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In its native South Africa, the African daisy bursts into bloom when the spring rains come, although in gardens plants bloom copiously all summer. A tender perennial, it is grown most commonly as an annual. Like many of the plants in the daisy family from South Africa, it's tough enough to live in hot, dry conditions, but a modicum of moisture will bring out stellar blooms. On dull days and at night, arctotis closes its flowers. Description of African daisy: The native species has pearly white flowers centered with steel-blue and encircled with a narrow, yellow band. The flowers are held well above the plant, which forms a compact mound. The leaves are handsome grayish-green that combines well with other colors in the garden. Hybrids with flowers up to 4 inches in diameter have brought other colors -- yellow, cream, white, purple, orange, and red.
Growing African daisy: Bright sunny days and cool nights are ideal. Arctotis also thrives in mild winter areas with high winter light. The plant needs full sun and will tolerate lots of abuse. With richer soil and moderate moisture, there are larger flowers and lusher foliage. Fertilize only lightly. Where summers are very hot, arctotis may cease flowering but will resume again when cooler weather prevails. Propagating African daisy: By seed primarily, although cuttings of choice kinds will root quickly. Sow indoors 6 to 8 weeks prior to last frost at 65 degrees Fahrenheit. Seeds germinate in 15 to 20 days. Plant 8 to 10 inches apart at the same depth they were growing in the flat or pot. For later flowers, sow outdoors after danger of frost has passed and the soil has warmed somewhat. Thin garden seedlings to 8 to 10 inches apart.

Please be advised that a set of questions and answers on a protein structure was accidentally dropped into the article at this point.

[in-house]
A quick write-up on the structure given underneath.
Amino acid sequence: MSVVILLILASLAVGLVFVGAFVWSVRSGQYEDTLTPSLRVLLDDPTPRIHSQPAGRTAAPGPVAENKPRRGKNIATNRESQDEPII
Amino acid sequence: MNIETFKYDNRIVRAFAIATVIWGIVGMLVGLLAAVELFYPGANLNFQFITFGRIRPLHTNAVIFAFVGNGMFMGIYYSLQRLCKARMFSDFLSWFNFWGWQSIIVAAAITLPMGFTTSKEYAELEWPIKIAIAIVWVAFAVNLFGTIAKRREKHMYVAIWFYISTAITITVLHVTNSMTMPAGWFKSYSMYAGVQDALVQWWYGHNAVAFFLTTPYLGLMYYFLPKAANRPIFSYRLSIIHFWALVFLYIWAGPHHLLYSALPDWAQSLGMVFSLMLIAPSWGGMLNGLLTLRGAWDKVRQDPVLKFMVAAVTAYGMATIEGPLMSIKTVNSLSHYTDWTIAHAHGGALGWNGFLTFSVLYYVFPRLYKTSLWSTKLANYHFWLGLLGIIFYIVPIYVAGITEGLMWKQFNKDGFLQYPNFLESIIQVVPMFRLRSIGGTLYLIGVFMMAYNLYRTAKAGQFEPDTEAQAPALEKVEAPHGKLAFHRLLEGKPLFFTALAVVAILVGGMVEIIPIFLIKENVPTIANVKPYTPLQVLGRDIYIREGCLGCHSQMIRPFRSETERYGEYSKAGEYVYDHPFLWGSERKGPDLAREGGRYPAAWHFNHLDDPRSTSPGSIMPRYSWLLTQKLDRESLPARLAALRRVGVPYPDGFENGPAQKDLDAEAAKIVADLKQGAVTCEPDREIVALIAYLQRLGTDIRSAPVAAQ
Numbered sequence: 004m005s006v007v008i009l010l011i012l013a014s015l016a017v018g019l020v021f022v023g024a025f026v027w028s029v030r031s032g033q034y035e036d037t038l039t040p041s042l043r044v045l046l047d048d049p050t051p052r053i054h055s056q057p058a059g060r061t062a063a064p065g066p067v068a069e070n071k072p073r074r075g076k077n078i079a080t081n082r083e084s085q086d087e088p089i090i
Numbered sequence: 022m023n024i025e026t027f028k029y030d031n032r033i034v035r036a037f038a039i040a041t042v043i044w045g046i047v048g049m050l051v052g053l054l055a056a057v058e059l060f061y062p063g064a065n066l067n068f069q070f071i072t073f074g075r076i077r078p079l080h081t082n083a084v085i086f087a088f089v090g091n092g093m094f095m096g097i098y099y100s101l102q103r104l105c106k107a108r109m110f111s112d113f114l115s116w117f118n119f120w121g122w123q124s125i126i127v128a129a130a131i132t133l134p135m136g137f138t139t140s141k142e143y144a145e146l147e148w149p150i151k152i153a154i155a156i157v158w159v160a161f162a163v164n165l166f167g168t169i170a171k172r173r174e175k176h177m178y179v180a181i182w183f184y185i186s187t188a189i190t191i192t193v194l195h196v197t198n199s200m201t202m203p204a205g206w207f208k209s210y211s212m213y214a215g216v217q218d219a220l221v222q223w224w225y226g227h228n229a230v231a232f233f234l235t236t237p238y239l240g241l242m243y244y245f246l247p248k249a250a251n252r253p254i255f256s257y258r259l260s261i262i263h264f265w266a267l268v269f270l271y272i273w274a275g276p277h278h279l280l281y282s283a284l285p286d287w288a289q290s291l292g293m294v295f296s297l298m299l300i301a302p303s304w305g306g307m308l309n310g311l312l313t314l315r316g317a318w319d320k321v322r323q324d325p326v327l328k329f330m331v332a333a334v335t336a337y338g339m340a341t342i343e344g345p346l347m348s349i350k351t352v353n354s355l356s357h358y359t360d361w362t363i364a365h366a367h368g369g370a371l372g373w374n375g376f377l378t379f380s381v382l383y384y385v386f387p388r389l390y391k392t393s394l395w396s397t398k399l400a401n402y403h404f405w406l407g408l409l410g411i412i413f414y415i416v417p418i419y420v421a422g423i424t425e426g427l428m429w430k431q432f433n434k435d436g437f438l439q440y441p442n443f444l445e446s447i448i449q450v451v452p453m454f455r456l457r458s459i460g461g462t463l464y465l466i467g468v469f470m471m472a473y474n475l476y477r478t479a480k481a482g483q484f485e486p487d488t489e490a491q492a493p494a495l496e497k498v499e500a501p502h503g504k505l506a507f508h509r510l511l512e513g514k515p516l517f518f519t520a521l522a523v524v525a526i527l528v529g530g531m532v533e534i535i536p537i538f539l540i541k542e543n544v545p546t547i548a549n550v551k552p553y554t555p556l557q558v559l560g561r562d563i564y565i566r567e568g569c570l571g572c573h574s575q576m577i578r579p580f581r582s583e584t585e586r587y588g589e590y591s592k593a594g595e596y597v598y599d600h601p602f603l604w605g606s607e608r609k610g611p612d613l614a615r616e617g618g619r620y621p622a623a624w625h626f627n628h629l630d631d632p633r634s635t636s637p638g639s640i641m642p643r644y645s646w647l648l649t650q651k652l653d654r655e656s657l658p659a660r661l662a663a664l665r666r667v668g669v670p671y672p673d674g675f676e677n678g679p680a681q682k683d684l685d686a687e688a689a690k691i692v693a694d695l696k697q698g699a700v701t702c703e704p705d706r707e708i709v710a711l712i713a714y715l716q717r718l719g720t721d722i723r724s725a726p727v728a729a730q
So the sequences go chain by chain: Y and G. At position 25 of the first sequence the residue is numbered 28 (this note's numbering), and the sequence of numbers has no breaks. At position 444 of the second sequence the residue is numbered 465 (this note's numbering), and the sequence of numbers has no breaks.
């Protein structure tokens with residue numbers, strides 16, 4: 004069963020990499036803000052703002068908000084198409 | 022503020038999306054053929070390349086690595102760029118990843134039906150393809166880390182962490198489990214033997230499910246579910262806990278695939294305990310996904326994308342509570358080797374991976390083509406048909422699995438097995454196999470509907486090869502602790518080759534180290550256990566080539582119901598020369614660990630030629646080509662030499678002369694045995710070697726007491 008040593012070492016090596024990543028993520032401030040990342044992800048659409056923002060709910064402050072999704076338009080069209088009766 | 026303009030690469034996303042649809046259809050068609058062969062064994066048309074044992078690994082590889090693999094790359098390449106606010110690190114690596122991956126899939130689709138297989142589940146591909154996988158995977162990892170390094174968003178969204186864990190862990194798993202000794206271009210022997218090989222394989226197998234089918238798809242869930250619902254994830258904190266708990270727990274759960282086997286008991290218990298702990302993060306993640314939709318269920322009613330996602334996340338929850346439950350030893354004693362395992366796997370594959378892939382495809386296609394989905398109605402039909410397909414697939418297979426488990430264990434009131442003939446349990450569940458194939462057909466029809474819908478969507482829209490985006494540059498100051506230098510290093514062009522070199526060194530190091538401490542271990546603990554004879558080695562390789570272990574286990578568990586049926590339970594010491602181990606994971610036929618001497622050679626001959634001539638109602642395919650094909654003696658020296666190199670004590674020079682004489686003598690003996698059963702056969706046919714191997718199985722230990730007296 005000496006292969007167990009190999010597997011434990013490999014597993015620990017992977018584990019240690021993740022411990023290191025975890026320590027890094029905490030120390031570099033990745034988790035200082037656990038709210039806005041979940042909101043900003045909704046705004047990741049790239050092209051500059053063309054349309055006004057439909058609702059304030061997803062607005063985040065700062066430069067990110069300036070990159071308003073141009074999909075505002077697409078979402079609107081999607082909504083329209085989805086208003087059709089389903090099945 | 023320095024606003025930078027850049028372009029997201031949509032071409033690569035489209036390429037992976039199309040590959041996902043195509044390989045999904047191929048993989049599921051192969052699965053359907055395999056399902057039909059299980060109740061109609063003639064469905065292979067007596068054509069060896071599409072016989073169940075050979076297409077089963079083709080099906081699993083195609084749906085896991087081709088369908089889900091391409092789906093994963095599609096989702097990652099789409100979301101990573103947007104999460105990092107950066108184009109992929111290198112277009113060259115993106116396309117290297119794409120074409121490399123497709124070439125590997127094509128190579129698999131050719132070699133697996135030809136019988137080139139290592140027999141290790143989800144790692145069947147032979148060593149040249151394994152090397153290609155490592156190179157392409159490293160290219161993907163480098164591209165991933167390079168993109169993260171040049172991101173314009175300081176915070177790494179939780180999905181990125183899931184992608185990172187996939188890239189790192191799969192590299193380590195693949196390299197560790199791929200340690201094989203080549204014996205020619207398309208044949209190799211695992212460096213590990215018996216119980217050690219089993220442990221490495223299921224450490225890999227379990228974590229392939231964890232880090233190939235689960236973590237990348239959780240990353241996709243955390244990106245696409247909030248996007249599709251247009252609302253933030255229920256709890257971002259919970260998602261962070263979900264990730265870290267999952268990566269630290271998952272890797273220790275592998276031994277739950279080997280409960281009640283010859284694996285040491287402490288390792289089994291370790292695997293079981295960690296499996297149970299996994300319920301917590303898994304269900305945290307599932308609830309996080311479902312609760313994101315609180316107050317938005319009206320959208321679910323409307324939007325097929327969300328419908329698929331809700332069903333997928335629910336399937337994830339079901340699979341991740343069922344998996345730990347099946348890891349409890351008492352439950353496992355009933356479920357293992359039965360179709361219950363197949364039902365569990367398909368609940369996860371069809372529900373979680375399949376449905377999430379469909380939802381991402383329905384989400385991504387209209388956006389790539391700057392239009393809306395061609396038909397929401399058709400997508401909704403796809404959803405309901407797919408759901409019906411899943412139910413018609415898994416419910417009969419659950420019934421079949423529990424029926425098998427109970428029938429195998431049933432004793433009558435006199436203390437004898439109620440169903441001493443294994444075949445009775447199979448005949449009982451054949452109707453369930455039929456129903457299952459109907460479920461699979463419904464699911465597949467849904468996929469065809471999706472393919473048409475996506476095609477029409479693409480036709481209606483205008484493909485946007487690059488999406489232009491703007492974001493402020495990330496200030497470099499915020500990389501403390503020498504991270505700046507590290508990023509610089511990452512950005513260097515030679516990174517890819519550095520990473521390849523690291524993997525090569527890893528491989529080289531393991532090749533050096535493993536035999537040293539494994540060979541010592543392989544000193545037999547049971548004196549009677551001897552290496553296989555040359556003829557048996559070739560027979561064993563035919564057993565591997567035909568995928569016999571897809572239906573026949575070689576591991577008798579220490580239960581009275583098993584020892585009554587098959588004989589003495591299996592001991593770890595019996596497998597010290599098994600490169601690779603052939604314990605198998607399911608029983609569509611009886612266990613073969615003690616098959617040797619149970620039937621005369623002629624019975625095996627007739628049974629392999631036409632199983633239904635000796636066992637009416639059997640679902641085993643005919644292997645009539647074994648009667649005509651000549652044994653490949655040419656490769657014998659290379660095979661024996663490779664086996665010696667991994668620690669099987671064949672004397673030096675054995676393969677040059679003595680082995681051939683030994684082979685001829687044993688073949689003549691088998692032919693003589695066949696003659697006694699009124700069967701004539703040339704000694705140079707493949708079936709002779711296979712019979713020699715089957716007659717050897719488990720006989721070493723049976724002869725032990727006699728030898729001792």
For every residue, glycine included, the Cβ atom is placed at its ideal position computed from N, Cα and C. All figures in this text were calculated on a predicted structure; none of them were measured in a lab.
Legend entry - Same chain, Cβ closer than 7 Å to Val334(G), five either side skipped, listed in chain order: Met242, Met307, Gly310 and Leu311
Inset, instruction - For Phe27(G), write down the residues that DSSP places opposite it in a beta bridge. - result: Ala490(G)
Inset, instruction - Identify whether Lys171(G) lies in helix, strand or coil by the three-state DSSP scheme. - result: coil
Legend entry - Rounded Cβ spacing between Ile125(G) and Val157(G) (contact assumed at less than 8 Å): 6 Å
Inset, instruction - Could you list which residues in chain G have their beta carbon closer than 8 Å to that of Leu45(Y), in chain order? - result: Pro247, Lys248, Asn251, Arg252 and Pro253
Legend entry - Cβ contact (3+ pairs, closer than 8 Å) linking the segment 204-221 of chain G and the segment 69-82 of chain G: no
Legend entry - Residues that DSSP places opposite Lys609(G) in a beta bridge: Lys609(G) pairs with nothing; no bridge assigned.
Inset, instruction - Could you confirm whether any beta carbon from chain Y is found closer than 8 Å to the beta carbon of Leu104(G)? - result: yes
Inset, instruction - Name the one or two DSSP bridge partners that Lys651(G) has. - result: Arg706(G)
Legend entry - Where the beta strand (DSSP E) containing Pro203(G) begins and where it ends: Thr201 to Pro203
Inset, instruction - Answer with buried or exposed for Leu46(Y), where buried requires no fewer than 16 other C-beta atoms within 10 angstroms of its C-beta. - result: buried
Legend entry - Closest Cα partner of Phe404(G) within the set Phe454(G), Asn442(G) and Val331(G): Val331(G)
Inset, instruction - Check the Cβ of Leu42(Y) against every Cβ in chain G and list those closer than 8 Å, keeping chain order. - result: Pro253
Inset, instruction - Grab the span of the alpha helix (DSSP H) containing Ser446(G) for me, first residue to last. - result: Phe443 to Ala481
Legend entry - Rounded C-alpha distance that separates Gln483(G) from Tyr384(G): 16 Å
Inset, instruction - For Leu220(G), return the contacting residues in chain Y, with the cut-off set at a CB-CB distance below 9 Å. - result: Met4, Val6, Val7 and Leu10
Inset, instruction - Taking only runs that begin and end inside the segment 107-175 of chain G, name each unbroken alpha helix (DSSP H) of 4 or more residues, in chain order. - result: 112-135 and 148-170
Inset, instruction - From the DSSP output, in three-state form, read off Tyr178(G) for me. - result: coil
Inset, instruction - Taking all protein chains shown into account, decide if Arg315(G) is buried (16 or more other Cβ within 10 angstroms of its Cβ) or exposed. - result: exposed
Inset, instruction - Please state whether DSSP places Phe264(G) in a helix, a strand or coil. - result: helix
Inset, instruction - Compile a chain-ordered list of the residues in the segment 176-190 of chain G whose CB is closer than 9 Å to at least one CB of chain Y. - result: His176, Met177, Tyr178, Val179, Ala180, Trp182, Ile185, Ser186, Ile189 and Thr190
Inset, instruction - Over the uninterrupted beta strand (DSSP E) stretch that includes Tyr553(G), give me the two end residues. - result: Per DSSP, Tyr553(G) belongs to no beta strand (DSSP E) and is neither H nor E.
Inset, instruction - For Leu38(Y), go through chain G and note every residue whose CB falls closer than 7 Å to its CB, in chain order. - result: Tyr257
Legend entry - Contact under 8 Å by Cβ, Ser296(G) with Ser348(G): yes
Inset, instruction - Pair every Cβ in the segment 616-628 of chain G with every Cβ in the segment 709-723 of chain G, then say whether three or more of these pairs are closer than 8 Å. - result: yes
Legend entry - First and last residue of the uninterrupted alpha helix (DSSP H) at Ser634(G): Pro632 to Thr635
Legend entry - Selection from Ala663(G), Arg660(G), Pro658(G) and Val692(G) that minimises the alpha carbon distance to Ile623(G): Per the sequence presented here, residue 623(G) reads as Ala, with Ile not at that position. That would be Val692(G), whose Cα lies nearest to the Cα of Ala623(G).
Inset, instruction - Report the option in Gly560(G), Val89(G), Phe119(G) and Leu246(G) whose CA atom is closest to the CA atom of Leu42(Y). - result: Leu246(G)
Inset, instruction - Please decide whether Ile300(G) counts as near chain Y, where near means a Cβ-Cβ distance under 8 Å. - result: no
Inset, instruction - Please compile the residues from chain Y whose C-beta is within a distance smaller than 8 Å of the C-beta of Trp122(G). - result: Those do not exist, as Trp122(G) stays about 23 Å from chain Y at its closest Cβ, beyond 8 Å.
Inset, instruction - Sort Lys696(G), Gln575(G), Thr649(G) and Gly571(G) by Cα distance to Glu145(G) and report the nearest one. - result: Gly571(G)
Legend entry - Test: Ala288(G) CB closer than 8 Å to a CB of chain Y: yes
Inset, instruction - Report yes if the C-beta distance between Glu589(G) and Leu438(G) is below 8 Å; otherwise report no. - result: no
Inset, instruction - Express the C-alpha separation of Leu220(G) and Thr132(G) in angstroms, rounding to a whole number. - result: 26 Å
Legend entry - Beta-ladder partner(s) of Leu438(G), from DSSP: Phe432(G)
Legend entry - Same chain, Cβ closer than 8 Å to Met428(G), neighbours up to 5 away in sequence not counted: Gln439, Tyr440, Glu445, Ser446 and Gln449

from my garden